What a beautiful Christmas day it is here. Tonga is so lovely, with a flavor of old Hawaii in the 1930's according the the Sings and the Heimulis. There are "take away" outdoor markets along the sides of the roads. You walk up to the shack, look through the metal grate, point to what you want and buy it with Tongan money. Electricity is very expensive here and so is everything...gas is $6 a gallon. We'll enjoy a beach picnic later this afternoon and evening with the elders and sisters in the mission office as well as the senior missionaries in our complex--the Garretts, the Sings, the Woods, and the Heimulis. Sister Garrett (from LDS hospital) is a medical nurse missionary and Brother Garrett helps the young missionaries with their needs including transportation.
President and Sister McMurray and their teenage son and daughter as well as the Sings warmly greeted us at the airport when we arrived. We had dinner with them in a little cottage nook after we got settled. A Sunday evening Christmas dinner was held at Pres. and Sister McMurray's home for all the Senior couples including those who work at the temple. We recognized many from the Friendly Islands church video. The McMurrays have 6 girls and 7 boys, all living on the mainland except Danny and Michelle. Michelle is 16 and will be going to BYU Provo in April.
Our stake president is 'Inoke Kupu who is also the CE country director. We spent Monday in a couples missionary conference with Pres. Kupu and his wife Moana. (He is on the friendly islands video). He said there 584 missionaries in the South Pacific. The Tongans are all so welcoming! Later that evening Pres. and Sister McMurray joined us with their son and daughter. We all went to the Kaati'ine Restaurant for elegant dining outdoor and overlooking the sea. Their specialty is swordfish.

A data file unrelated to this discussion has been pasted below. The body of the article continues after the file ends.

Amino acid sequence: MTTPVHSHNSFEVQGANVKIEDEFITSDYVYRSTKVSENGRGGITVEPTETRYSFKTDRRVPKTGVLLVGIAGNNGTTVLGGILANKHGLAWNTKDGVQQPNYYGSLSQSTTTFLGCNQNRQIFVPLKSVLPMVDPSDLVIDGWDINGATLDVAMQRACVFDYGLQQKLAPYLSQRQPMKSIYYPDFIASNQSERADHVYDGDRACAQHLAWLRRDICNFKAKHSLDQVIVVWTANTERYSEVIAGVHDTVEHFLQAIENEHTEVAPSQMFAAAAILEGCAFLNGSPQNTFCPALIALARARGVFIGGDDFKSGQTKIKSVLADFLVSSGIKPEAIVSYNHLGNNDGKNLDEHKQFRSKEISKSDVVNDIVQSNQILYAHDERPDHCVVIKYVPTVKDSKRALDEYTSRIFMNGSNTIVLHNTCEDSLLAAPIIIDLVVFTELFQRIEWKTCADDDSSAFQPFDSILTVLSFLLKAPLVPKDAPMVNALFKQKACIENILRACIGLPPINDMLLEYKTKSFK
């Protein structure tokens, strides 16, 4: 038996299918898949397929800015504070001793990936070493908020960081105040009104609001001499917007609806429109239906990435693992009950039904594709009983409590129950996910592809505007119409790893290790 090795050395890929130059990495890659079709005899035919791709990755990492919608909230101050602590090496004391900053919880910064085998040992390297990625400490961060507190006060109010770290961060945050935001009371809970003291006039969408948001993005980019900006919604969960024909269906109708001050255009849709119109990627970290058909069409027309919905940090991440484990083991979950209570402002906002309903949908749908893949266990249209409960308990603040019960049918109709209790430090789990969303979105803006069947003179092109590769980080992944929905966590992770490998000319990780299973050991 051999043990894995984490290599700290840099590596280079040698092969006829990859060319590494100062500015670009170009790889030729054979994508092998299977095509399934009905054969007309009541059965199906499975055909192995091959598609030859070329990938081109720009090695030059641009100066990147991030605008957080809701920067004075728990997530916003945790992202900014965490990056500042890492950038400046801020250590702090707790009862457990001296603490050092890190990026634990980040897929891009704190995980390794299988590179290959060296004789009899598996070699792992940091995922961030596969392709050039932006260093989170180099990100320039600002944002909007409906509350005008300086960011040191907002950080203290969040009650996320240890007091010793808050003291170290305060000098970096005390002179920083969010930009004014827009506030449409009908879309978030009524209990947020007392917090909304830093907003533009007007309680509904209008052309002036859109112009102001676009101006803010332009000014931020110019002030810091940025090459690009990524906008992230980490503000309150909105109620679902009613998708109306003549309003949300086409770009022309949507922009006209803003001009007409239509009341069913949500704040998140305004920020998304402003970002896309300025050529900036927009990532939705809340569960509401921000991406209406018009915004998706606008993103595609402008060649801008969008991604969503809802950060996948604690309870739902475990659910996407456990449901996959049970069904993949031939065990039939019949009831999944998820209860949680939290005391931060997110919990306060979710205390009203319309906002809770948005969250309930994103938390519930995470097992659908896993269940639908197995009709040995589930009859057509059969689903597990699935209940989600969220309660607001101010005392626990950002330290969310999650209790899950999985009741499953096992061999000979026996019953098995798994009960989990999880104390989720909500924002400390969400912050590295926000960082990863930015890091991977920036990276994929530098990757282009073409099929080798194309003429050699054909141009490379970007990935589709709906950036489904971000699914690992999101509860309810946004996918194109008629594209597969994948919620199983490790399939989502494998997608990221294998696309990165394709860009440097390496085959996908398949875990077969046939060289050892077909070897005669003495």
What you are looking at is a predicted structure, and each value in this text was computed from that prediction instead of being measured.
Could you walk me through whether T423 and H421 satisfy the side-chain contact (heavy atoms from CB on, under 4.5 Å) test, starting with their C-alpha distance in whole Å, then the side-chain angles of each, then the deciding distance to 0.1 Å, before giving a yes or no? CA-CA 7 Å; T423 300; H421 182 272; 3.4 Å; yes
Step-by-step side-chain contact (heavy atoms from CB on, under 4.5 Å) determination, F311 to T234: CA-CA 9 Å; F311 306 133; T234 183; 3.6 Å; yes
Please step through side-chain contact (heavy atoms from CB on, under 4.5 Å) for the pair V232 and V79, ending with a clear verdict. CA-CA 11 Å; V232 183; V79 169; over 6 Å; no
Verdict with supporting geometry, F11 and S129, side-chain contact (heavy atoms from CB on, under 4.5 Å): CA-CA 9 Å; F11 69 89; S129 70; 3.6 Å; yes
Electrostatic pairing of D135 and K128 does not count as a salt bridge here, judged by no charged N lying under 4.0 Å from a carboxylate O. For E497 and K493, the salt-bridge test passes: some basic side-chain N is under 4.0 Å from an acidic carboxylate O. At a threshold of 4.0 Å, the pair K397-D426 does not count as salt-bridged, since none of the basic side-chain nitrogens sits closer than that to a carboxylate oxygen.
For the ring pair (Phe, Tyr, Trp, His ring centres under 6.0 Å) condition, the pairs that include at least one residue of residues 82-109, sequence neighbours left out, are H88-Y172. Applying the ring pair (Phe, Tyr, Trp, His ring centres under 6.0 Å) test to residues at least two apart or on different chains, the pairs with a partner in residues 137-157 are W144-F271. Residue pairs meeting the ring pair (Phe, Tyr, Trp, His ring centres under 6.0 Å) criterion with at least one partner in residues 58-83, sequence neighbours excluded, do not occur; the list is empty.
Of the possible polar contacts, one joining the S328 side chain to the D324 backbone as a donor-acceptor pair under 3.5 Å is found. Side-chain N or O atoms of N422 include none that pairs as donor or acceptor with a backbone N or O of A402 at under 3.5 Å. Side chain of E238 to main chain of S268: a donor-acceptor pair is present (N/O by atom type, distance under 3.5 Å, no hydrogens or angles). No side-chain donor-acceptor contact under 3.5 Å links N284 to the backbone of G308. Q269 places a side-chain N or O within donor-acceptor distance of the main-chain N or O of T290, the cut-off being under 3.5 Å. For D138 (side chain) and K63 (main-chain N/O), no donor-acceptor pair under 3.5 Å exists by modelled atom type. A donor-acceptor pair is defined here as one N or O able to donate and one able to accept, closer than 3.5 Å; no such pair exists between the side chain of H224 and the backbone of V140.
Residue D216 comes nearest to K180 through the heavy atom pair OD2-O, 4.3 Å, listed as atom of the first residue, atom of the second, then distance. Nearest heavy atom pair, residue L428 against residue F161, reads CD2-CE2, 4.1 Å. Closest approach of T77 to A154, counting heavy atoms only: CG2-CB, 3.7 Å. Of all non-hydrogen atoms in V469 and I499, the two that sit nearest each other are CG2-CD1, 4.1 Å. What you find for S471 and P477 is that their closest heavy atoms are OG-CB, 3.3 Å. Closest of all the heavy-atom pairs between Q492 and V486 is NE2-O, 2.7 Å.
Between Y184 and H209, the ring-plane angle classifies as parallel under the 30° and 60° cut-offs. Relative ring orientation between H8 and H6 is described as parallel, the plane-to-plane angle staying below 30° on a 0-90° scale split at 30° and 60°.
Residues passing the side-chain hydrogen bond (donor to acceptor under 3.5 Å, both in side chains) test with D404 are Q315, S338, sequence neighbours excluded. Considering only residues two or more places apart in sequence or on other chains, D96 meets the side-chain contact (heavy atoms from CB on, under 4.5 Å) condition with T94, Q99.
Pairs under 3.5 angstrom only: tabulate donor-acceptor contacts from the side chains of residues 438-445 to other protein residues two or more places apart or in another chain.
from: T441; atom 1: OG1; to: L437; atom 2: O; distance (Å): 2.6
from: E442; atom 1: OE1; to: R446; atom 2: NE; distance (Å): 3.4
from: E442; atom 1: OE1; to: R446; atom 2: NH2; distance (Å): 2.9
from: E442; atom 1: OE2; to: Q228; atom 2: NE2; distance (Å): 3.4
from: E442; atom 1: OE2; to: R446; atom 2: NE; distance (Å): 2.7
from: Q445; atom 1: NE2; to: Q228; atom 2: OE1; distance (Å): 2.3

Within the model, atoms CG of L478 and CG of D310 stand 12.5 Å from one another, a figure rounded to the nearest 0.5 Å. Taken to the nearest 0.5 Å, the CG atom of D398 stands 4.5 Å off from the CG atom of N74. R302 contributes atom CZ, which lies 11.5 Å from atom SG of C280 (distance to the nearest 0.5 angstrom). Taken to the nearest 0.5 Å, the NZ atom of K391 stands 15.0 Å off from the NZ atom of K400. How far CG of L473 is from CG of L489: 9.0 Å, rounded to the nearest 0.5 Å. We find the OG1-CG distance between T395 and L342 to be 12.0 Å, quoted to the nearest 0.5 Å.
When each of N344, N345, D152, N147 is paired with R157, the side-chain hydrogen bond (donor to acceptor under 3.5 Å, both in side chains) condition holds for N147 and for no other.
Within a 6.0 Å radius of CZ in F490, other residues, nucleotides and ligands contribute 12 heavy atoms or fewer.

We couples went on a tour of the islands with Elder and Sister Thompson on Christmas Eve day. A coral reef protects the entire perimeter of the island allowing for some sandy beaches for play and shell collecting. Oh, my, the blow holes are a sight to behold. Small cemeteries are everywhere decorated with beautiful homeade quilt displays and flowers for those who have passed away. One beautiful shore indicates where Captain Cook arrived. The islanders planned to eat him, but his life was saved because the chiefs couldn't figure out how to kill him. Elder Sing said the Hawaiians were cannibals, too, and when he landed on their island they killed him. They respected him enough not to eat him and instead wrapped him in leaves and gave him to the crew. Then they killed the crew and ate them! :) Words can't express the beauty and quaintness of this place. We saw pigs wandering in the bay and exotic flowers are everywhere.
The layout here has the feel of the BYU-Hawaii campus setting only on a smaller scale. Liahona High school is 61 years old and the beacon of the South Pacific. The island is like a foot and Liahona is in the heel The Liahona high school facility, the temple, and our duplex apartments are all in the same complex. Streets are narrow and more like a single land. We have an avocado tree in the back yard and picked some yesterday. They are huge!
We are the 3rd duplex apartment on our lane which lies between the temple and the Liahona high school. In fact, the temple fence is about 150 feet from our back yard. Scented plumeria flowers bloom in some of the yards. There are beautiful blossoming trees everywhere including what many the islanders call Christmas trees because they are covered with red blossoms. The temple is a jewel that brightens the skies in the night.
It will be a very busy time for us after Christmas. We'll be teaching and training constantly at Pakilau Middle School and Havela Middle School on this island and a school at Eua. Teachers are back on Jan. 6 and school begins on the 12. We will fly to Eua in 6 minutes rather than take the two hour boat ride. Even the Tongans say that is the deepest part of the ocean and the sea is wild there.